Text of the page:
Despite a barrage of pseudo-religious, cod-historical twaddle, this is little more than Jason Voorhees with a dog’s head. If that’s your thing you will lap this one up with a similar canine relish. If you were instead expecting something closer to the vision of the story’s inimitable scribe, you will almost certainly manage a giggle at a whole host of second-rate performances, particularly that of a crazed parish aid who gives the term overactor a whole new meaning.
This is bloody, violent fare, but so preposterous and badly conceived that it’s hard to take the movie seriously, particularly the bumbling Rex, who even at his most devastating looks but a pet away from whimpering subservience. Barker may be a proven master of his craft, but some tales are best reserved for the literary form, and for a movie with ambitions of providing serious terror this is most certainly one of them.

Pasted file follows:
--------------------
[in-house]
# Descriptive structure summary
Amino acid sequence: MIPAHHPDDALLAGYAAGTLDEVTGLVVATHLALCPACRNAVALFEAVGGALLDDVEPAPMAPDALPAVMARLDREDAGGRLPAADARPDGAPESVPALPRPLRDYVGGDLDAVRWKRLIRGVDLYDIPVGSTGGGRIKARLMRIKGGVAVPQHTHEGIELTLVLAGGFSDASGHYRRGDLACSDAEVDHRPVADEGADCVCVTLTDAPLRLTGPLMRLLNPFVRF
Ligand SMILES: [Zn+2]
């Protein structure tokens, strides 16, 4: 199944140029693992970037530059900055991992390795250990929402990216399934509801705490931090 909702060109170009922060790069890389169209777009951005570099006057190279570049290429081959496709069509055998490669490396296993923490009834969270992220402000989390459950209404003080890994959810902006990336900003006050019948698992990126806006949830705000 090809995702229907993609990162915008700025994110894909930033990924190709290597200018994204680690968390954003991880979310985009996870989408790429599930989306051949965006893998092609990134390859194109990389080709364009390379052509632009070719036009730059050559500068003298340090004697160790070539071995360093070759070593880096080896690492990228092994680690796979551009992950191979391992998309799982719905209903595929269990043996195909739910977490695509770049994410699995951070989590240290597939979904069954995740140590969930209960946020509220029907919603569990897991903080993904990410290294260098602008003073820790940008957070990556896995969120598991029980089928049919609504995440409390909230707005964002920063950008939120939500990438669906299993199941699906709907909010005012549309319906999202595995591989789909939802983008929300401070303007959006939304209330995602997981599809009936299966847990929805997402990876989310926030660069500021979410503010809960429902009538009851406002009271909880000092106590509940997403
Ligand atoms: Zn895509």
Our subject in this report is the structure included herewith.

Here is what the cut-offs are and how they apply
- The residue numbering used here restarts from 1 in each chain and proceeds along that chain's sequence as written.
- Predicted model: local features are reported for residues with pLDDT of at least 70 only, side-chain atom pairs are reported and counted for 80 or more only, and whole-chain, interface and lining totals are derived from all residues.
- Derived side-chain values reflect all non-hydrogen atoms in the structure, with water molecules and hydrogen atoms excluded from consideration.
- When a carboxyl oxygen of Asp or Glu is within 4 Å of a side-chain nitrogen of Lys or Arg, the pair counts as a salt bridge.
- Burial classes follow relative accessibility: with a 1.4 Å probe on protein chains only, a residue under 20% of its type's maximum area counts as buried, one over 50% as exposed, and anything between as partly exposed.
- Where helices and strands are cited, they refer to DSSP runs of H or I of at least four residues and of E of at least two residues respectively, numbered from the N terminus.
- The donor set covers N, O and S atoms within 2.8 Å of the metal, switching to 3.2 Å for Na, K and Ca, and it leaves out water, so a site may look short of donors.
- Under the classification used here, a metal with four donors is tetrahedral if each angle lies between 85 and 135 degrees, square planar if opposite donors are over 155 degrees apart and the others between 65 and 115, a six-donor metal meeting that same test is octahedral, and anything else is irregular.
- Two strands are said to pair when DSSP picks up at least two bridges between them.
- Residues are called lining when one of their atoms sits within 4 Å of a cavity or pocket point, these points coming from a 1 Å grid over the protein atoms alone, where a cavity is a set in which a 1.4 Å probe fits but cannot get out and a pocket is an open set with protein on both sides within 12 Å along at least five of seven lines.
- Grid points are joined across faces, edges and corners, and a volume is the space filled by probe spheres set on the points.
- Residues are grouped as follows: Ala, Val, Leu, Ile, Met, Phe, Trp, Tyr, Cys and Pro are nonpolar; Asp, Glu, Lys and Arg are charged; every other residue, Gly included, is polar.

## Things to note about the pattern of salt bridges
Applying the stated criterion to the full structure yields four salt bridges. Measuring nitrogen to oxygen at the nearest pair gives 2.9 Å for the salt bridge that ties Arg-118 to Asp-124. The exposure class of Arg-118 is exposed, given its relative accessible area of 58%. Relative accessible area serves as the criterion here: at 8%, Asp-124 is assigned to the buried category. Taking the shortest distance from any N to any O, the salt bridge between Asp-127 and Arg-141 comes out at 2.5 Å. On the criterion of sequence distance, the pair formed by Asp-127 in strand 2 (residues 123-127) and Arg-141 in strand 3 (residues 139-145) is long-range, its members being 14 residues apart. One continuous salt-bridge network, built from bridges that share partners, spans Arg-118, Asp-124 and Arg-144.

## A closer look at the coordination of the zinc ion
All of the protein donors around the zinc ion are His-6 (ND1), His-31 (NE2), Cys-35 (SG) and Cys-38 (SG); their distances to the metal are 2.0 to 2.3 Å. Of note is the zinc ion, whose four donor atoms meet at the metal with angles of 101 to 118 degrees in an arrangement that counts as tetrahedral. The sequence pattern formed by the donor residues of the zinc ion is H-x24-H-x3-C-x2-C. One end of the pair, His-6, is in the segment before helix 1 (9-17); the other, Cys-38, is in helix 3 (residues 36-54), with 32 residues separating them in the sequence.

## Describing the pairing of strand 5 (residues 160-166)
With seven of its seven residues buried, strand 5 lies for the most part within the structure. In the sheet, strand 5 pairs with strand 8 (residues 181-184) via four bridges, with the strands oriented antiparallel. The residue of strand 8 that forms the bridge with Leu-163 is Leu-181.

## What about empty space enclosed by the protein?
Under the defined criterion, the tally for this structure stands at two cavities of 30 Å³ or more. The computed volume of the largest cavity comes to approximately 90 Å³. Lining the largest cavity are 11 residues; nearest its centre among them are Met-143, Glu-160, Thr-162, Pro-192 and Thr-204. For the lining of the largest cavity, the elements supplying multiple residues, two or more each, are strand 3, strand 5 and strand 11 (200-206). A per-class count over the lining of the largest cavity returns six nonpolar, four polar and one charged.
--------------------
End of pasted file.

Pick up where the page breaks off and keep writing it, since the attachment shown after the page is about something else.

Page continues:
None are especially creative given that this is basically a slasher movie, but one particular death stands out as the most gruesome as a man has his neck savaged by the increasingly unstable Rawhead, resulting in a particularly indulgent geyser of blood.
Most Absurd Performance
That award goes to parish aid Declan O’Brien (Ronan Wilmot), the first of many characters to be possessed by a cheap red light and by far the most ridiculous. Whether he’s extolling the virtues of his animal master or trashing the church in preparation for his arrival, he is never more than adequate as a fictional zealot, and never less than hilarious as an actor.
Most Absurd Dialogue
After being confronted by the parish priest, insane ham Declan O’Brien offers a nugget of sheer lunacy.
Reverend Coot: Declan! Think! Think! He doesn’t care about you! When he’s finished with you, what will he do with you?
Declan O’Brien: Kill me! (shakes his head like a lunatic) I hoooooooope!
Reverend Coot: Declan! For the love of God!
Declan O’Brien: Get upstairs, fuckface! (shakes his head like a lunatic) I can’t keep God waaaaait-innnnnng!